Skin CancerSkin cancer is the most common type of cancer in the United States. It is estimated that one in five Americans will develop skin cancer in their lifetime. Skin cancer occurs when skin cells have mutations (errors) in the DNA. These mutations cause cells to grow at an uncontrollable rate which creates a mass of cancer cells.
Causes of Skin CancerUltraviolet (UV) Light The overwhelming cause of skin cancer is exposure to UV light radiation that is found in sunlight and the lights used in tanning beds. UV rays make up only a minimal portion of the sun’s rays, but they are the main cause of the damage the sun has on the skin. The rays damage the skin cells which affects the DNA of the genes that are in control of the body’s skin cell growth. The amount of exposer a person get has many factors, this can include the strength of the rays, time exposed, if the skin is protected by sunscreen or clothing. The UV Index is a helpful guide for keeping your body protected from damaging radiation of UV light. Our Board Certified Dermatologist specializes in the prevention, detection of skin cancer and will help create a plan for your skin protection. Other Risk Factors Include:
- Fair & Freckled Skin
- History of Sunburns
- Numerous Moles (Dysplastic Nevi)
- Family History of Skin Cancer
- Precancerous Skin Lesions (Actinic Keratoses)
- Weakened Immune System
- Radiation Exposure
- Exposure to Arsenic
The Types of Skin CancerThere are three main types of skin cancer. The two most common are Basal Cell and Squamous Cell Carcinoma. The most serious, but least common type of skin cancer is Melanoma which can be deadly if not detected early. Early detection and treatment of skin cancer is important because if they are not treated at an early stage they are likely to invade and destroy nearby tissue. In some cases the cancer can begin to spread elsewhere in the body. Our Board Certified Dermatologist, Dr. Mary Noel George, offers full body skin exam and skin cancer screenings. Skin cancer begins to form at the top layer of the skin which is known as the epidermis. The epidermis is the thin layer of skin that provides the body with a protective layer of skin cells that the body continually sheds. There are three main layers to the epidermis, these are important because the place where the cancer is formed determines the type of cancer and treatment options:
Basal Cell Carcinoma
The most common cancer in the world and is related to excessive sun exposure. Basal cell cancer usually appears on areas that receive regular sun exposer such as the nose, cheek, ear, face, neck, or extremities. They usually present as a pink, pearly bump or a flat pink patch on the extremities or trunk. Untreated, basal cell skin cancer will tend to bleed, crust, and scab over. Basal cell is most common in individuals that have a fair complexion with light hair and light eyes, but can occur in anyone. Basal cell skin cancers spread slowly, but can cause considerable damage to local skin tissue if left untreated.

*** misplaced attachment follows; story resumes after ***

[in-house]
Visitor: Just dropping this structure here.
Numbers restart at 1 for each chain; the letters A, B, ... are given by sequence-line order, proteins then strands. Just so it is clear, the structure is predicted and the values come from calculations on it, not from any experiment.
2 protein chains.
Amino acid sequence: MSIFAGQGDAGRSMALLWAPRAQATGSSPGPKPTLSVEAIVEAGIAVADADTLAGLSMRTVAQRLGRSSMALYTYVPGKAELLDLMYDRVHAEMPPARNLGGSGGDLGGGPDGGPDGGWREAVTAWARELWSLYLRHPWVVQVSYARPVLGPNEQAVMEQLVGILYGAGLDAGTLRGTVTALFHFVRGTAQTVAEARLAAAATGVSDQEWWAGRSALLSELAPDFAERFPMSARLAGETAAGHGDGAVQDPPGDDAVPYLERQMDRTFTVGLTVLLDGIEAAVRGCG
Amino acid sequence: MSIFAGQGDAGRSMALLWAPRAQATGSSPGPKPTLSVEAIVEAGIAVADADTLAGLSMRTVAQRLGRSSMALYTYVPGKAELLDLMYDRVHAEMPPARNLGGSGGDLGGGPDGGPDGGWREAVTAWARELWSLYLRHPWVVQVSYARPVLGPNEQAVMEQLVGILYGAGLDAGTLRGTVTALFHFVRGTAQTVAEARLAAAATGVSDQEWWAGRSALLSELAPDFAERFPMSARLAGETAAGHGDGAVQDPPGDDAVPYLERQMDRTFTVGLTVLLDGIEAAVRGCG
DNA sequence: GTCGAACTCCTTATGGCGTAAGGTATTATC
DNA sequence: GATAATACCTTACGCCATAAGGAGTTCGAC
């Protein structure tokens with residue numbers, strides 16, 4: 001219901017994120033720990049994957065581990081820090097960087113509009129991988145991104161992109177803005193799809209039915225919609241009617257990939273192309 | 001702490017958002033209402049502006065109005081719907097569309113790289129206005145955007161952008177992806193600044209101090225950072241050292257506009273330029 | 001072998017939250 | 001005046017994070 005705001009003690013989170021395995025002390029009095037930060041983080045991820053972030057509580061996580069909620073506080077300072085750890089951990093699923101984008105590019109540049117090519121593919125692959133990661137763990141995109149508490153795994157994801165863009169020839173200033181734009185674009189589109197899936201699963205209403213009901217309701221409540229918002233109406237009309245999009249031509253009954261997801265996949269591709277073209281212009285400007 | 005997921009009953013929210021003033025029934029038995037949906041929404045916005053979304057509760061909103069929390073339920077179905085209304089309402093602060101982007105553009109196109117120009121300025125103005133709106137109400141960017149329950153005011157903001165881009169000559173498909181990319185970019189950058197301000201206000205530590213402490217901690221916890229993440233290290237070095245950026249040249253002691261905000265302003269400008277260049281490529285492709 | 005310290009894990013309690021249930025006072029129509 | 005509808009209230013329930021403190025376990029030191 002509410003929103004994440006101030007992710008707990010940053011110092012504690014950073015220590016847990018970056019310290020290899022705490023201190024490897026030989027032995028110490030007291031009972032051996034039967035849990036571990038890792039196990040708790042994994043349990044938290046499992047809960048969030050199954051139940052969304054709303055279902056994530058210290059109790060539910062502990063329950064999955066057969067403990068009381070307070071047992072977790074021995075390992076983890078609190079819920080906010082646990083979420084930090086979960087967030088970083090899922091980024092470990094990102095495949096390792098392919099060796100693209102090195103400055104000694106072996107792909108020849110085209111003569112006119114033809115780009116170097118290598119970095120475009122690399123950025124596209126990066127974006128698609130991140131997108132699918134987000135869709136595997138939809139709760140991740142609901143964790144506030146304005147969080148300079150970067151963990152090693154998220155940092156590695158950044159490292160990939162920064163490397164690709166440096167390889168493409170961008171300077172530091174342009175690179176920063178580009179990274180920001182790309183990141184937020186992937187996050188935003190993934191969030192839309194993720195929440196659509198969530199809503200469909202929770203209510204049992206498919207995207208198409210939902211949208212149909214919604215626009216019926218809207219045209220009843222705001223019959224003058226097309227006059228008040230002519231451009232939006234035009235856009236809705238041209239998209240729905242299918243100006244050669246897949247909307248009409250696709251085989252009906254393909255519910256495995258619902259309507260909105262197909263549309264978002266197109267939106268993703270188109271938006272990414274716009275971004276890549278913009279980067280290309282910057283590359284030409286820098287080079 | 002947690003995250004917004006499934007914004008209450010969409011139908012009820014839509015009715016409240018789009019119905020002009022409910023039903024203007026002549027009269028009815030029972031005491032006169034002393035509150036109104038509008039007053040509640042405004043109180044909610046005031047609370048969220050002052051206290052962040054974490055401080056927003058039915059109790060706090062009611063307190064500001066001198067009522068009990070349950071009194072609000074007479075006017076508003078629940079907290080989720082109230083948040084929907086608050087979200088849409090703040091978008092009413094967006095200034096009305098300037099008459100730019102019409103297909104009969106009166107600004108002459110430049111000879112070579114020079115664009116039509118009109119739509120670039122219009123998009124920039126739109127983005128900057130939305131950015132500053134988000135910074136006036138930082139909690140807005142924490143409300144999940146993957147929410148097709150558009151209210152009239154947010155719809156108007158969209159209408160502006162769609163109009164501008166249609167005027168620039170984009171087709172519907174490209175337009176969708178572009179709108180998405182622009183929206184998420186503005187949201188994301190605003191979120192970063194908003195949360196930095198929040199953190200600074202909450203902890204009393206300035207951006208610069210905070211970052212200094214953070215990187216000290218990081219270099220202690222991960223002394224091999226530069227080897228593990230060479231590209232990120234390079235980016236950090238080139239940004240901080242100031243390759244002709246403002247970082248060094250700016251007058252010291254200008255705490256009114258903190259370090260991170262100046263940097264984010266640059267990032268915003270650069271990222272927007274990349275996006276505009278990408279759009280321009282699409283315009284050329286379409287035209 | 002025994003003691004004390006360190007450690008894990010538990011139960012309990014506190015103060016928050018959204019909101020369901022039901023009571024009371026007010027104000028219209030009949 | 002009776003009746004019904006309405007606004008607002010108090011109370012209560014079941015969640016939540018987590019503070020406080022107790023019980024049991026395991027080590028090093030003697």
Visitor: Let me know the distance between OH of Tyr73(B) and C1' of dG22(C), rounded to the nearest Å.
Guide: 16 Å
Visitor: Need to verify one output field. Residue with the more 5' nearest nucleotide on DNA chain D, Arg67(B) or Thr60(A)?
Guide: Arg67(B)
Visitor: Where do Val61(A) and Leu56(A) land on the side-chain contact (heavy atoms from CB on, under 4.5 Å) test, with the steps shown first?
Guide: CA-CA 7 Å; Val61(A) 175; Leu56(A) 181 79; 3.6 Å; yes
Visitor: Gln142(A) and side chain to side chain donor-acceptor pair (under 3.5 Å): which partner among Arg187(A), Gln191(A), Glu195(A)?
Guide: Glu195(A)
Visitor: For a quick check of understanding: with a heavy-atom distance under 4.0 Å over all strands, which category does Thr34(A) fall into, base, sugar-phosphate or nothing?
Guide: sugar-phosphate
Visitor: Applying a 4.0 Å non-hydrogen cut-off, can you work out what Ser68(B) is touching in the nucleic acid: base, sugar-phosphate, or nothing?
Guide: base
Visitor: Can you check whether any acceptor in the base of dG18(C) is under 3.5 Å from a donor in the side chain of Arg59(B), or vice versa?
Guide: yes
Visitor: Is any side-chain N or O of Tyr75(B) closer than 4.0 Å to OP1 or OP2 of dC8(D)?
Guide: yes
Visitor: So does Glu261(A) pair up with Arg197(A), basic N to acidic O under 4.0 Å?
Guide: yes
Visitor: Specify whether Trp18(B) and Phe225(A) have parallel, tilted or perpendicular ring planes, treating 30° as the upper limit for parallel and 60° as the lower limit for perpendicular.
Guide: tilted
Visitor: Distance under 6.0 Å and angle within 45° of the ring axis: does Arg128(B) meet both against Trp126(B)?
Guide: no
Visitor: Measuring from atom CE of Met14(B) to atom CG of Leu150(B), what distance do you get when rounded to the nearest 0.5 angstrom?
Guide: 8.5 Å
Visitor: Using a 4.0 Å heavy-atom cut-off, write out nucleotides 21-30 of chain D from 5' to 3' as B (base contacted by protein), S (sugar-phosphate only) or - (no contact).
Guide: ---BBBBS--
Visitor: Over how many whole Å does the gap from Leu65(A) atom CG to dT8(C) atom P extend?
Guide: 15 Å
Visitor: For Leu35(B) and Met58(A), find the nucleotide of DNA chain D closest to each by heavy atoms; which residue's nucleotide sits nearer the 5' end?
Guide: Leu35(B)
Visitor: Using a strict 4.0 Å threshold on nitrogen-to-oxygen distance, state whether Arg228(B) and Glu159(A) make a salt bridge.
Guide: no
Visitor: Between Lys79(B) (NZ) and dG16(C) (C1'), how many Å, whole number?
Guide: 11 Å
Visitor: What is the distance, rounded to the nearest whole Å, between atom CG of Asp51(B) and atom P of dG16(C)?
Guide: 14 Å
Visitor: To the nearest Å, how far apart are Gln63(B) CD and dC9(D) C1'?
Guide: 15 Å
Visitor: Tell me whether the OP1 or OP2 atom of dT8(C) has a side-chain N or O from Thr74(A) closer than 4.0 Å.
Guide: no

Squamous Cell Carcinoma
Squamous cells is the second most common form of skin cancer. This tumor usually appears as a red, crusty bump or as a red, scaly patch on the skin. It is typically found on sun exposed areas such as the face, rim of the ear, lip, neck, or extremities. Sometimes, an actinic keratosis (pre-cancer) is the earliest sign of a squamous cell carcinoma. If caught early, squamous cell carcinoma is typically curable. Left untreated, squamous cell cancer can metastasize (spread to other areas of the body).
Melanoma is a cancer of the pigment cells of the skin, called melanocytes. It is projected that almost 180,000 Americans will develop melanoma in the next year. One person dies from melanoma every hour. Like basal cell and squamous cell skin cancer, melanoma is almost always curable if detected early.
Skin Cancer Detection & TreatmentDr. George specializes in the prevention, detection, and treatment of skin cancer. In order to diagnose skin cancer, Dr. George must examine your skin. If necessary, Dr. George performs a biopsy to remove a sample of the targeted skin for examination under a microscope. Skin cancers such as Basal Cell are not likely to spread so the biopsy which removes the entire growth is likely to be the only test needed to determine the stage of cancer. For larger affected areas there may be additional tests required. Any mole that is new, changing, or symptomatic should be evaluated by a Board Certified Dermatologist in order to test for skin cancer. You can perform in-home routine self skin exams to spot changes and new growths in between appointments. The ABCDE system is helpful in detecting the warning signs of melanoma:
- Asymmetry: If you cut a mole in half, the two halves are different
- Border: The borders of a melanoma are often scalloped or jagged
- Color: A variety of colors is a warning sign
- Diameter: Any mole larger than a pencil eraser
- Evolving: Any change in size, shape, color, or elevation or symptoms such as itching or tenderness
Prevention of Skin CancerProtecting your skin from harmful ultraviolet rays of the sun is the best way to prevent skin cancer. Regular use of a daily sunscreen reduces the chance of developing skin cancer by 40%. Other Prevention Measures Include:
- Limiting Sun Exposure between 10AM – 4PM
- Wearing Wide Brimmed Hats
- Avoid Indoor Tanning
- Wear Long Sleeves & Pants.
Schedule Your Skin Cancer Screening Today!
We specialize in the prevention, detection, and treatment of skin cancer. We recommend a yearly skin exam for most patients and more frequent screenings for patients with risk factors or a history of skin cancer. Call us at (314) 344-0004 to make an appointment to have your skin checked.Request an Appointment